among trees; and at the east may be traced the windings of
Oyster River on its way to the Pascataqua. At the north, through



HISTORY OF DURHAM



353



an opening between the hills, can be seen the spot where the
Huckins garrison stood; and nearer at hand, but separated from




Woodman Garrison
Destroyed by fire November 1896

it by a profound ravine, is the field where occurred the massacre
of 1689."^

This garrison was destroyed by fire, 8 November 1896, a

'Landmarks in Ancient Dovor, p. 179.
23




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3 56 HISTORY OF DURHAM

loss that caused sadness to every lover of the town's historic
memorials. Fortunately good photographs exist of the garrison
as it was in its best days, and some thoughtful and prompt
artist secured snap shots of it while it was burning.

The garrison built by David Davis at Lubberland in 1695 is
probably the same as the Smith garrison, having been acquired
by Lieut. John Smith some time after David Davis was killed
by Indians, 27 August 1696. Later it was known as Frost's
garrison and Blydenburgh's garrison. It was taken down only
a few years ago and the road now runs over its site. A good
pictureof it has been preserved. See page 34.

Another garrison was built by David Davis, son of the above
named, at Packer's Falls, early in the eighteenth century, where
five generations of David Davises have lived. The original
garrison was located on a knoll in the center of the field
back of its present location, to which it was moved prior to
1790 in order to be on the highway. Additions have been
made by later generations, so that the garrison of pre-
Revolutionary times forms but a part of the present building,
occupied by Eben Meserve Davis.

The Pendergast garrison is still standing and occupied. It
was probably built by Stephen Pendergast, who acquired land
here near Packer's Falls, in 1735.

Half a mile from Durham village, toward Madbury, on an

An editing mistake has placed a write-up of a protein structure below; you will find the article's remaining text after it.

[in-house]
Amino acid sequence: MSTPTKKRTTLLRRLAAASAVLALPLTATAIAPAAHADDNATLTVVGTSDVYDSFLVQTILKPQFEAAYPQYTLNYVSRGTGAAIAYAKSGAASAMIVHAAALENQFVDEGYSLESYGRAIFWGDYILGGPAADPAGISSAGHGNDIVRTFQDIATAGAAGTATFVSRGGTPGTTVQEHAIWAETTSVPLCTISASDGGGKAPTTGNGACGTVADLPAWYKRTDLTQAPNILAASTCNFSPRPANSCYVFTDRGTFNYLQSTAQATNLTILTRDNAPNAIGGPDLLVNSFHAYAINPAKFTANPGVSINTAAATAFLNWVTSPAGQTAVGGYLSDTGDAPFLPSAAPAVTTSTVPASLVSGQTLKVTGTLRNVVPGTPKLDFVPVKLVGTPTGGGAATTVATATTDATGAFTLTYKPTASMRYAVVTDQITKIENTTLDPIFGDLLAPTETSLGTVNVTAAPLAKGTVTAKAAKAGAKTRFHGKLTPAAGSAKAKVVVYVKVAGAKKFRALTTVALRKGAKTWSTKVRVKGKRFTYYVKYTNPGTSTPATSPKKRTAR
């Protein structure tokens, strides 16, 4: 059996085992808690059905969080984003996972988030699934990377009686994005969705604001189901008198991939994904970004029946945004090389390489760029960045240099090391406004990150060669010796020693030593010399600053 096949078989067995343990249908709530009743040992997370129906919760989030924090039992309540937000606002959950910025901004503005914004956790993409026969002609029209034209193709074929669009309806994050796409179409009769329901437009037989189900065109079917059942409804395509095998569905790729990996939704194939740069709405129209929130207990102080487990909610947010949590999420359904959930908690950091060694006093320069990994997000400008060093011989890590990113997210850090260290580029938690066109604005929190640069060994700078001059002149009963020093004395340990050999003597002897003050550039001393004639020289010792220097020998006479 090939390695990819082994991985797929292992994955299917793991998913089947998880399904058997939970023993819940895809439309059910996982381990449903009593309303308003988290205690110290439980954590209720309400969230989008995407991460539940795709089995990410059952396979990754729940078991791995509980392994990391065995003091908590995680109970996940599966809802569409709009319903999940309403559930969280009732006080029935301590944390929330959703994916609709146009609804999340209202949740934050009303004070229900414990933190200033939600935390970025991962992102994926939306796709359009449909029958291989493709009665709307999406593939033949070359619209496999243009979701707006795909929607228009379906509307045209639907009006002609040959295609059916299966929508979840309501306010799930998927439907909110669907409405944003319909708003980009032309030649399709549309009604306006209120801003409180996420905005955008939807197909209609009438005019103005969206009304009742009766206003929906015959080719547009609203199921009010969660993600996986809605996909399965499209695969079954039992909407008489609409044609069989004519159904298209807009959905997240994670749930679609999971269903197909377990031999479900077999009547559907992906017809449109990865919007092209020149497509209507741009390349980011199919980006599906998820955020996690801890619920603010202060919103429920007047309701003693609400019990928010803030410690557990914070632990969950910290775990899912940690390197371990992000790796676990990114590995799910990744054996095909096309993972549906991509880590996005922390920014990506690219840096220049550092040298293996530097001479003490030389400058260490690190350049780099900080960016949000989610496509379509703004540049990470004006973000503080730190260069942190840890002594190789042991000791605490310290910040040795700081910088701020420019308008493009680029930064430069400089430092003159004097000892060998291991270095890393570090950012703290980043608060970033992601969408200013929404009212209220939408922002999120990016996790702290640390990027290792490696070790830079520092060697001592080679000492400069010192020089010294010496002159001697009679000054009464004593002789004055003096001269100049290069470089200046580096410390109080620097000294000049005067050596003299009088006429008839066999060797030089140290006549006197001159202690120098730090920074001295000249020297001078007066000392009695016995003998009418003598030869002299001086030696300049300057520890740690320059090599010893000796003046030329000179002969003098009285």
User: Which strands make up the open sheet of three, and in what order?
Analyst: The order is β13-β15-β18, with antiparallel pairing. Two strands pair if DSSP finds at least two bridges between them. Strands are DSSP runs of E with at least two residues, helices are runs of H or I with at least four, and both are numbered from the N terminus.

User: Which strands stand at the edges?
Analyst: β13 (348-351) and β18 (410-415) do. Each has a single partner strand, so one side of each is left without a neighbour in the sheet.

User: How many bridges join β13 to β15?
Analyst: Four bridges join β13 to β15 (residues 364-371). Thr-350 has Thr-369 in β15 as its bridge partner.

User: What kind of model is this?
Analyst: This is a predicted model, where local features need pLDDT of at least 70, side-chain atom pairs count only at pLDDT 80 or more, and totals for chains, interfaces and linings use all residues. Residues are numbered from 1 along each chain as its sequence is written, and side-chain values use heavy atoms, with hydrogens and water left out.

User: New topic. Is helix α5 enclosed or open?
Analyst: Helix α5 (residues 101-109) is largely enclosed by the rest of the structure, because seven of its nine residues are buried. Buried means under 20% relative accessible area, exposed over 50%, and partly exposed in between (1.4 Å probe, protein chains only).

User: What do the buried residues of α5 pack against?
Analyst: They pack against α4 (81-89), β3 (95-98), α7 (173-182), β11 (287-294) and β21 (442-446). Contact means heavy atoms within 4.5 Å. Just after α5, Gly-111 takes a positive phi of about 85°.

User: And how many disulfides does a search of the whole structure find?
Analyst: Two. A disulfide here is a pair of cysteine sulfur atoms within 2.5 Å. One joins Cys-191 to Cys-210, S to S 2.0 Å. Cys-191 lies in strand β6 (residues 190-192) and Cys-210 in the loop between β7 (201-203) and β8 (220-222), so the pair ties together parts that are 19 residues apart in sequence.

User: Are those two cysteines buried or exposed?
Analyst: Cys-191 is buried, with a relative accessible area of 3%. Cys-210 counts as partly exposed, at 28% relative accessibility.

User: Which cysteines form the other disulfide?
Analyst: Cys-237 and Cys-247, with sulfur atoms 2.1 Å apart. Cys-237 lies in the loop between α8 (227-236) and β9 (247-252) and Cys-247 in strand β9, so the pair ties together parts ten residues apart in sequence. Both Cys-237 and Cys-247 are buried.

elevated space to which the road gently ascends, is the house
built by Judge Ebenezer Thompson soon after the Revolution
on land that has been in possession of the Thompson family from
the first grant, in 1694. The house was erected on the site of an
older one, in which Judge Thompson was born. It is a typical
rural dwelling of the well-to-do persons of that time, squarely
built around a huge chimney, with large rooms of low ceiling,
a fireplace in every room, heavy mouldings and cornices and
a lot of wainscoting. It is still painted white, with green blinds,
the best combination of house colors New England has ever
had. It was a year's work for a carpenter to prepare the exterior
and interior finishing material. In the hall-chamber, specially
reserved for guests, the same paper is on the walls that was
there a century ago. On this spot Judge Thompson entertained
many of the leading men of the Revolutionary period, and in this
house he was often consulted on politics, medicine and law. It



HISTORY OF DURHAM 357

was in the "hall-room," or parlor that he fell from his chair
and instantly expired, in 1802.

An east two-story wing was added to the house by its present
owner, Col. Lucien Thompson, in 1895, and in it he has the rare
library, photographs and souvenirs that his aunt, Mary P.
Thompson, gathered during her years spent in Europe. Here
is a very valuable collection of historical and genealogical ma-
terial that several generations have been acquiring. One would
have to search long in New Hampshire to find its equal in any